by Sydney Carte, Capital News Service
Sitting in Hampstead there is a farm, like its neighbors, that has a rolling field and bright red barn. But the field has no corn or livestock. Instead, it is freshly harvested and waiting for new hop vines to grow. This is Creeping Creek Farm, the site of Ruhlman Brewing Company.
Incorporating fresh from the farm ingredients in brewing is good for the environment, great for beer flavor and excellent for alleviating expenses. Maryland brewers are catching on to the benefits of sustainable brewing and even branching out beyond the farm to try other sustainable practices. But it's not always easy.
For starters, maintaining a sustainable brewery is not a solo endeavor. Local communities frequently collaborate with breweries. Burley Oak Brewing Company in Berlin, near Ocean City, recently began a hop-sharing program. Local residents received hop rhizomes (a clipping of the hop flower used in brewing) and grew them over the summer. This fall, the community will harvest the hops and deliver them to Burley Oak for the brewing of a community hop beer.
"Our specific location in the state of Maryland is very beneficial to us because we're surrounded by agriculture and brewing is a very agricultural industry," said Bryan Brushmiller, Burley Oak Brewing Company owner and brewer.
It's not all about the environment though. For Burley Oak, the local community is a major motivator for implementing sustainable brewing practices.
"The people who really support us, who sustain our business, are local people," Burley Oak head brewer Sean Saffcaf said. "So we want to make sure we do as much with them as possible."
Ruhlman Brewing craves community interaction. The farm brewery encourages visitors with tastings on the weekend and its challenging disc golf course.
"I have one man who brings his son," Ruhlman said. "He's been out here four times, every weekend since he found the place. He loves it. He comes out and every time he comes he brings another one of his son's friends with them, and then they bring their fathers. So he's actually growing this. The community really is behind me."
Additionally, sustainable brewing can benefit the business. Brushmiller describes it as basic economics: when local farmers and vendors sell to the brewery their profits increase, which puts more money in their pocket to purchase more beer.
It all starts on the farm. Hops, an essential ingredient in the brewing process, thrive in the soil and climate of Maryland and help local farmers diversify their crops.
For Adam Frey, a farmer from northern Mt. Airy, hops were the perfect addition to his farm. "We decided to start growing hops because right now hops are kind of hot, but at the same time the entire intention was to open a farm brewery," said Frey, who is in the process of acquiring a Class 8 Farm Brewing License.
Maryland Gov. Martin O'Malley signed Senate Bill 579 in May to establish the Class 8 license. It requires the use of Maryland-grown ingredients, either hops, grain, fruit or a combination of the three. No minimum percentage of local ingredients is specified and the brewery does not have to be on an actual farm. Production is limited to 15,000 barrels per year. Growlers, cases and kegs can be sold to carry away, and up-to six ounces of beer per brand can be sold for on-site imbibing.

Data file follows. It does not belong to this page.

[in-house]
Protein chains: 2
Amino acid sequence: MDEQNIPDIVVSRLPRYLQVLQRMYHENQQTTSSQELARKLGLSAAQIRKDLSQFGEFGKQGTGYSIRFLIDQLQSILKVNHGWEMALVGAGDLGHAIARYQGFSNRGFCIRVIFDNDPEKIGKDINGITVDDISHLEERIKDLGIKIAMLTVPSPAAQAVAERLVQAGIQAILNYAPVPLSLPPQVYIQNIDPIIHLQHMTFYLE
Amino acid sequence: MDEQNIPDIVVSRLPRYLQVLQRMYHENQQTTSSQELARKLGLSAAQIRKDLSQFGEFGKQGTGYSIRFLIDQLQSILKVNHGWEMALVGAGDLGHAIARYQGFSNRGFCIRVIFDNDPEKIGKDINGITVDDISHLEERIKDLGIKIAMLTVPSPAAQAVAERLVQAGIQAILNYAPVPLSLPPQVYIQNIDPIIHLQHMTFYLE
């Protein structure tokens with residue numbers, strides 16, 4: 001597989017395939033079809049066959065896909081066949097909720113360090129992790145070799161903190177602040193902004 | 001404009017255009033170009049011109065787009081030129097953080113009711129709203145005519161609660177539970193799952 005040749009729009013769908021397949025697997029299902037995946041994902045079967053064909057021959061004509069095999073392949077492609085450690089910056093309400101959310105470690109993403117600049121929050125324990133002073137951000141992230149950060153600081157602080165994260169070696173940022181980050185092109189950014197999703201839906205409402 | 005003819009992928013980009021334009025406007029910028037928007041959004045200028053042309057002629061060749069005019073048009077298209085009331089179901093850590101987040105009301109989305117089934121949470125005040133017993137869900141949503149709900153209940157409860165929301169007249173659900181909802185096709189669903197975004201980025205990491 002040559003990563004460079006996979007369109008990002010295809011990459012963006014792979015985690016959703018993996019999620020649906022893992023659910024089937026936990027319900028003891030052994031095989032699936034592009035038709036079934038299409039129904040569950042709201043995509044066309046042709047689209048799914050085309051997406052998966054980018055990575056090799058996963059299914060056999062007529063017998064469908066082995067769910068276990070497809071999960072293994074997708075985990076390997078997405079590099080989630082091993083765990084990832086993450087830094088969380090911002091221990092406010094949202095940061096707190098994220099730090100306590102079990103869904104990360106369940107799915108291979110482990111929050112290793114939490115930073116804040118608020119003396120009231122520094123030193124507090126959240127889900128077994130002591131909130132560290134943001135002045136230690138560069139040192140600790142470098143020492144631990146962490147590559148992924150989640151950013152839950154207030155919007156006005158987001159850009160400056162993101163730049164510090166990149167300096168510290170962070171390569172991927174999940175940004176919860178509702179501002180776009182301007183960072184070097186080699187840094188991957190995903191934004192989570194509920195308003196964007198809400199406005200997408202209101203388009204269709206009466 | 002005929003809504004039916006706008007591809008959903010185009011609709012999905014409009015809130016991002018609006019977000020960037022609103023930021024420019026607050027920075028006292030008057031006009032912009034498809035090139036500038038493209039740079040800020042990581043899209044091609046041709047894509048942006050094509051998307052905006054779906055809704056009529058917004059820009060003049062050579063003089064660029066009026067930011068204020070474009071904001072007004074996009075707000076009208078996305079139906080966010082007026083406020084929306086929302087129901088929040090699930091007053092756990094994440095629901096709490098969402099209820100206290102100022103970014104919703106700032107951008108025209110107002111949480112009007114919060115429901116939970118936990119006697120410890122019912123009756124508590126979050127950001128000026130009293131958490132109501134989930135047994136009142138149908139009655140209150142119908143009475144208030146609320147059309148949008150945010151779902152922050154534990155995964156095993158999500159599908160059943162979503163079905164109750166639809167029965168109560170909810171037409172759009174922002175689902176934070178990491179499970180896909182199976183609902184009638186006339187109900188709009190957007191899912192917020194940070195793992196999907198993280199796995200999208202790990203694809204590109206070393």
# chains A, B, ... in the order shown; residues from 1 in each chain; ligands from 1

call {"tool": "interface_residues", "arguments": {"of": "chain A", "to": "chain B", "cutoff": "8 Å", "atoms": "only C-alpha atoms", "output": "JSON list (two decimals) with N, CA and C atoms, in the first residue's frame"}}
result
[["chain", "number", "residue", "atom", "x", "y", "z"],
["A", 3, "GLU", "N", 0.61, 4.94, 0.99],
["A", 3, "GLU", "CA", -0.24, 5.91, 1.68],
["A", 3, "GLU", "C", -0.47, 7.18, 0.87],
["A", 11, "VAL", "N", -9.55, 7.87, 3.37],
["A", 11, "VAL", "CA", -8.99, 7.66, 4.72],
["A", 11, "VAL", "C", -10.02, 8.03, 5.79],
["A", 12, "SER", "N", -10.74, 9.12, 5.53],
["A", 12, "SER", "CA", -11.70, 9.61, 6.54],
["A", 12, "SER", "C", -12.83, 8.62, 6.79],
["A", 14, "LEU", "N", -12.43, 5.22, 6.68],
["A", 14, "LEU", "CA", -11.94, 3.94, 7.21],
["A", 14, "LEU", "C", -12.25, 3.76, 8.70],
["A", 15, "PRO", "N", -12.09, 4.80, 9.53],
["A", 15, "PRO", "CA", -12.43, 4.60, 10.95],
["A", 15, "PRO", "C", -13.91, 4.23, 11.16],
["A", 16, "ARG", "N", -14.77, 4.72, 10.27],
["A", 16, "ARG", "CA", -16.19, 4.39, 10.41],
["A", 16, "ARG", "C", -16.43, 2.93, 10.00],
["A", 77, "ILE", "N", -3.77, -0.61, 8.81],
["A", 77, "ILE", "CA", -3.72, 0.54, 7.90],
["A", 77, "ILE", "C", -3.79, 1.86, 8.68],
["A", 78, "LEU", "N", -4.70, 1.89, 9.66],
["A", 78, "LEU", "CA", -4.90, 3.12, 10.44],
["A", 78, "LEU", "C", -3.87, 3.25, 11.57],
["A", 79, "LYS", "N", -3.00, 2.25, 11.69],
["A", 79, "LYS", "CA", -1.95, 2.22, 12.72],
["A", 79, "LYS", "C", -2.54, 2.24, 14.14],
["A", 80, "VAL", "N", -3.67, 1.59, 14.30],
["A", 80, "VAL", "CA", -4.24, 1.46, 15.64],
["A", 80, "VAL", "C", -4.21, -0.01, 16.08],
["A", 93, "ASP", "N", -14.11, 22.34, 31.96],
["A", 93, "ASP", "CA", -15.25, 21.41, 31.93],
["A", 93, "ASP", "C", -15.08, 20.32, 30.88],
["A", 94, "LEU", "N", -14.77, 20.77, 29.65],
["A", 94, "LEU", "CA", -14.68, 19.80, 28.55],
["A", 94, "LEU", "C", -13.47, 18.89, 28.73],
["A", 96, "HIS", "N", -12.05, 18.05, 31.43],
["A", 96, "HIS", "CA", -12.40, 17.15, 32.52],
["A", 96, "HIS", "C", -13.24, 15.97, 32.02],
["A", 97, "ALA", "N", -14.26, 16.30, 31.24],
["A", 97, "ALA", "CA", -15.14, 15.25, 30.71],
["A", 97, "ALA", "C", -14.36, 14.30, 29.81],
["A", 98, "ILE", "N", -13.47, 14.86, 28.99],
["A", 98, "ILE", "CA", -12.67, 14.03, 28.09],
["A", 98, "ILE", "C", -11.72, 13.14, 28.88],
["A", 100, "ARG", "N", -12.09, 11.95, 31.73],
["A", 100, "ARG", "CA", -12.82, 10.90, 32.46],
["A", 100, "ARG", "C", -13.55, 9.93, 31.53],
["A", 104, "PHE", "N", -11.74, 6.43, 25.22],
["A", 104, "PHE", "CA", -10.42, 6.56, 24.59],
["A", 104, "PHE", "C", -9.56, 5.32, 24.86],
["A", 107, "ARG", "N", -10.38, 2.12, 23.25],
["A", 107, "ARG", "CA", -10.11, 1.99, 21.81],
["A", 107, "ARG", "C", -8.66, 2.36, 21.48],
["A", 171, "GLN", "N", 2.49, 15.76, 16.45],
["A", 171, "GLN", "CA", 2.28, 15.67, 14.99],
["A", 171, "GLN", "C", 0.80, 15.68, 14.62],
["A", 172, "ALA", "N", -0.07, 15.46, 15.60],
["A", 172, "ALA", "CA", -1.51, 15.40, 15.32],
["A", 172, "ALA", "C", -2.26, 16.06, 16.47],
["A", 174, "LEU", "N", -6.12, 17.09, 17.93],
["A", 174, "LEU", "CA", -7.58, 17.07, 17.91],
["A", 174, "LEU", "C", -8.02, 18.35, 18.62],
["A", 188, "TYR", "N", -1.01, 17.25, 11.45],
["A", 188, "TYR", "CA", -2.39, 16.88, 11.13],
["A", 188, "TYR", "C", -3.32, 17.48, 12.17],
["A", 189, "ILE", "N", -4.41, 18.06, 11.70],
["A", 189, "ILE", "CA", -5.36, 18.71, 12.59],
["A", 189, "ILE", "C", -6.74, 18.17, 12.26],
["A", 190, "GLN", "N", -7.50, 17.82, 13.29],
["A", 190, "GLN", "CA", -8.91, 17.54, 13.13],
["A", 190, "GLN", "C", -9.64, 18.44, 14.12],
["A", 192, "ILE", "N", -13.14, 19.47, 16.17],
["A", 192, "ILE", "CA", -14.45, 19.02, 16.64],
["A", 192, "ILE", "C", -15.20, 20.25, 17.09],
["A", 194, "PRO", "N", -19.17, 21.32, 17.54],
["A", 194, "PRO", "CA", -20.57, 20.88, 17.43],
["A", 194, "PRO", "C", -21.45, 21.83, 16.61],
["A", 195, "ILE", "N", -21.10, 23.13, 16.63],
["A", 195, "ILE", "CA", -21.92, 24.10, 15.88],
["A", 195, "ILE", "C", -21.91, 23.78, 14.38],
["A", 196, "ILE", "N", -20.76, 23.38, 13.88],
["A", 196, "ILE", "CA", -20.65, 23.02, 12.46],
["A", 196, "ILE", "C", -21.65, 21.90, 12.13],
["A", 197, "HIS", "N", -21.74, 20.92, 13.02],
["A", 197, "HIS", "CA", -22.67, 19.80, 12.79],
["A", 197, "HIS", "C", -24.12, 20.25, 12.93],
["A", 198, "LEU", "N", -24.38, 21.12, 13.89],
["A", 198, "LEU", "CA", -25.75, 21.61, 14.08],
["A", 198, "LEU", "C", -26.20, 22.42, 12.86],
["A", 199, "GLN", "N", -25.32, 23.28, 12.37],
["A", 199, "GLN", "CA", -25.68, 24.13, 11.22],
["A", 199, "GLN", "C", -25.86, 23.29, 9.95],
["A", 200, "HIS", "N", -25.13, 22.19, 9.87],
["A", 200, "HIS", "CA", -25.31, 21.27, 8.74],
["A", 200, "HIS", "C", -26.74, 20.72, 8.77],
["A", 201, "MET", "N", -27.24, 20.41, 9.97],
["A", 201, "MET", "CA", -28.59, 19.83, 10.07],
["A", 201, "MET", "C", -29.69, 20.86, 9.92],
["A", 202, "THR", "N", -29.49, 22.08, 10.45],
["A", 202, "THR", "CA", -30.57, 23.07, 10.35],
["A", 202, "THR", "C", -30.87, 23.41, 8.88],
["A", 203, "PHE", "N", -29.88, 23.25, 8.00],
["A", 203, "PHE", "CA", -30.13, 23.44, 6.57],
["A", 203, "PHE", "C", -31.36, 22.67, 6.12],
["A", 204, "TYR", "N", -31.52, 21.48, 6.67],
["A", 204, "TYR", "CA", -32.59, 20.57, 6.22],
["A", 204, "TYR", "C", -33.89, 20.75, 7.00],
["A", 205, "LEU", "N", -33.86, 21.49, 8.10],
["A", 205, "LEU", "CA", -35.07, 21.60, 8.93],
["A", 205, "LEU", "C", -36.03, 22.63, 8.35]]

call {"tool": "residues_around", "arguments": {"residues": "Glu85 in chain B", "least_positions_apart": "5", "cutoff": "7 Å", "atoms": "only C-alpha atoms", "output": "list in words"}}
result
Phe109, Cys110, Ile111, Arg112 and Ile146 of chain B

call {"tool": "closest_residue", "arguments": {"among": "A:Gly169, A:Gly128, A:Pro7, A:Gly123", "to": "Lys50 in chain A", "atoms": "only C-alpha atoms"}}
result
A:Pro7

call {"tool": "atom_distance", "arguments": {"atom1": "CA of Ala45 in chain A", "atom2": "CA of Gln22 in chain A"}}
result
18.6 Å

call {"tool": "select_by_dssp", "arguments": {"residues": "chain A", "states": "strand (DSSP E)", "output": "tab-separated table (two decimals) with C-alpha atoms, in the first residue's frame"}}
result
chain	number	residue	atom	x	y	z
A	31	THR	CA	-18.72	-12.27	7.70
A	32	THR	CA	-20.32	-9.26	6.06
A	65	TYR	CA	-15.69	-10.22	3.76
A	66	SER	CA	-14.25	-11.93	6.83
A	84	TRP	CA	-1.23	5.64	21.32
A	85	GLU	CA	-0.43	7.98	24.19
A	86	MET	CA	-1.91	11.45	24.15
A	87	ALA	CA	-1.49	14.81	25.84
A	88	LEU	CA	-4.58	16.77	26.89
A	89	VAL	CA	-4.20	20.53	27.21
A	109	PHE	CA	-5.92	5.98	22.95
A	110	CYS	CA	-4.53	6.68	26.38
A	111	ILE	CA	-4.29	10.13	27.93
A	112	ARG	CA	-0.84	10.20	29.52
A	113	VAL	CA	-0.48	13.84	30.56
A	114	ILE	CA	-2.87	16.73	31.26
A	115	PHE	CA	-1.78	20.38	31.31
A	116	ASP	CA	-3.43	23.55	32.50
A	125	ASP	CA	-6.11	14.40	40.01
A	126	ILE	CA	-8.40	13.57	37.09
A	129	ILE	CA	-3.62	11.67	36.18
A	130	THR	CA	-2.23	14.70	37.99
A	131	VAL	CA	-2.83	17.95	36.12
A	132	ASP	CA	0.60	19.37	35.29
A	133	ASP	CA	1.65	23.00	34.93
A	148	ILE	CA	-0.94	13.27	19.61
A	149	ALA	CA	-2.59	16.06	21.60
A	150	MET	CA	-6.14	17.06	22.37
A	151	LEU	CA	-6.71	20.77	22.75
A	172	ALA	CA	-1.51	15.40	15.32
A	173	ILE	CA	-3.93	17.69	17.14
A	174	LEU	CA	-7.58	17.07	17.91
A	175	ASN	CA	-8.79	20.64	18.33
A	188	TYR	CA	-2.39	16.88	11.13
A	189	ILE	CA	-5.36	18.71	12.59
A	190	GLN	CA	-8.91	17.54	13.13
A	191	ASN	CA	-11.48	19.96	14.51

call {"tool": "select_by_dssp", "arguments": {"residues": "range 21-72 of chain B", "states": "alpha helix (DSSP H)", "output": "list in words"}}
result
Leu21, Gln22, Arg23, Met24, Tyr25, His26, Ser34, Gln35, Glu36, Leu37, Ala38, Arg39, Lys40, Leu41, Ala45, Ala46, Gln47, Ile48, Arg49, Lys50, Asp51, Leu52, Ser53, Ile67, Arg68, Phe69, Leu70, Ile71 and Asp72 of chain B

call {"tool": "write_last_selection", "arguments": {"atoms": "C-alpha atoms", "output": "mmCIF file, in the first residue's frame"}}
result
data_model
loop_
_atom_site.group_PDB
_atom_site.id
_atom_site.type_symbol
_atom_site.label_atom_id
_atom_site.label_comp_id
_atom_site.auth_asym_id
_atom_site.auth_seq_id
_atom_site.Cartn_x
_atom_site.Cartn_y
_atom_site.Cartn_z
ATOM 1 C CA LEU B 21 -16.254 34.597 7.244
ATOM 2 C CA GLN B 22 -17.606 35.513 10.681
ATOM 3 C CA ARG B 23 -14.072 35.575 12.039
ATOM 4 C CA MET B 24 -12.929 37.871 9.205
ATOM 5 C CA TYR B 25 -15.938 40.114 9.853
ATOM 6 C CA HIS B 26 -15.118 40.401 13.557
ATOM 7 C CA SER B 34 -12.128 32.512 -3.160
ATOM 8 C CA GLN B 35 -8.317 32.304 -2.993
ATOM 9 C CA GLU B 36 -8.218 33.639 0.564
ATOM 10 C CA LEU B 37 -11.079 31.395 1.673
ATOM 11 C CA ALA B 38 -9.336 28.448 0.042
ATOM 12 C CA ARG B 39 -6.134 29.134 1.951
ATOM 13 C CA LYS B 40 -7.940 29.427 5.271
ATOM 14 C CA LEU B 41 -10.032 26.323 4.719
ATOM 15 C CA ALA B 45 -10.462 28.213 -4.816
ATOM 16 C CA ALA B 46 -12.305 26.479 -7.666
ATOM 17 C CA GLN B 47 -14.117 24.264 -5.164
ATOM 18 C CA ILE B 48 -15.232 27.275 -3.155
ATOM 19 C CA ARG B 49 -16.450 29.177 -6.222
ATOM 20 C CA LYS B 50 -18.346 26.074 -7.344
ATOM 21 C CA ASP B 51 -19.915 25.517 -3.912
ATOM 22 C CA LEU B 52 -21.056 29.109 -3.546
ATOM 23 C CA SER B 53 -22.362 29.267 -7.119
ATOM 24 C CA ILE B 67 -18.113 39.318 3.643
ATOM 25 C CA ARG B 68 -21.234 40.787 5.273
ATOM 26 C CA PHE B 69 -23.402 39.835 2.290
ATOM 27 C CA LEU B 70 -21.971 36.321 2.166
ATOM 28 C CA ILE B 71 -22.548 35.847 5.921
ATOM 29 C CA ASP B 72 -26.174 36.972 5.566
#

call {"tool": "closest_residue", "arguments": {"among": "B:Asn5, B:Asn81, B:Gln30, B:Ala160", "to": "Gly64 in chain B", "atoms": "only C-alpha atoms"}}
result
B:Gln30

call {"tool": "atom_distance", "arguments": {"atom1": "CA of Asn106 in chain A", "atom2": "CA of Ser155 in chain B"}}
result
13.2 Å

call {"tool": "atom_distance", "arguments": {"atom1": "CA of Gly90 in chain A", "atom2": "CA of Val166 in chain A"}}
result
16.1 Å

Growing or sourcing local hops is a smart choice, but not the only one. Additional ingredients can come directly from Maryland farms. Ruhlman plans to make a pumpkin beer for fall with the pumpkins from his little patch. Ruhlman also has a persimmon tree nestled in the heart of his property that might be used to brew a persimmon beer in the future.
Barley, another agricultural product vital to the brewing process, can be grown in Maryland. Using home grown or locally sourced ingredients eliminates transportation costs.
"We're not paying shipping costs to ship grain from the Midwest," said Brushmiller, who sources hops and grains from local farmers in Berlin. "We have to think -- to have sustainable practices and be responsible -- about the fact that it always burns a lot of oil to move large amounts across the country."
After the brewing process, the grains become spent. "Most of all, what breweries do, is find a source for their waste: specifically, the thousands of pounds of spent grain used in the brewing process," Brushmiller said. "We, like every other brewery, can give to local farmers to feed their cattle." Heavy Seas, a local Maryland beer company, also donates their spent grain to local farmers.
Sustainable brewing does not stop with agricultural products. Water, a critical element in the brewing process, can be reclaimed and reused. Water reclamation is incredibly important, according to Saffcaf.
"What we do is we reclaim the water we use to an extent. We reclaim anything that's not used for cleaning purposes, so nothing that's picking up any chemicals," Saffcaf said. "All of the water that we use can be heated, boiled and then used back in the brewing process again."
Even the mechanics of brewing can be tweaked to help the environment. There are advanced modern technologies to transform the naturally wasteful brewing process into something sustainable.
But Ruhlman said these technologies are often unaffordable for small brewers.
A heat recovery system is expensive, but it saves energy. These systems, when added to standard brewing equipment, capture the heat that is used and return it to the process.
"Maryland is an up-and-coming scene in brewing. I know there are some of the larger brewers that are using sustainable practices, like the Flying Dogs and the Heavy Seas and what not," said Safcaff. "I'm sure they're pushing for the types of sustainable brewing practices and things that will be helpful to the brewing climate in Maryland."
Read more about Maryland brewing at this interactive website http://cnsmaryland.org/interactives/breweries/index.html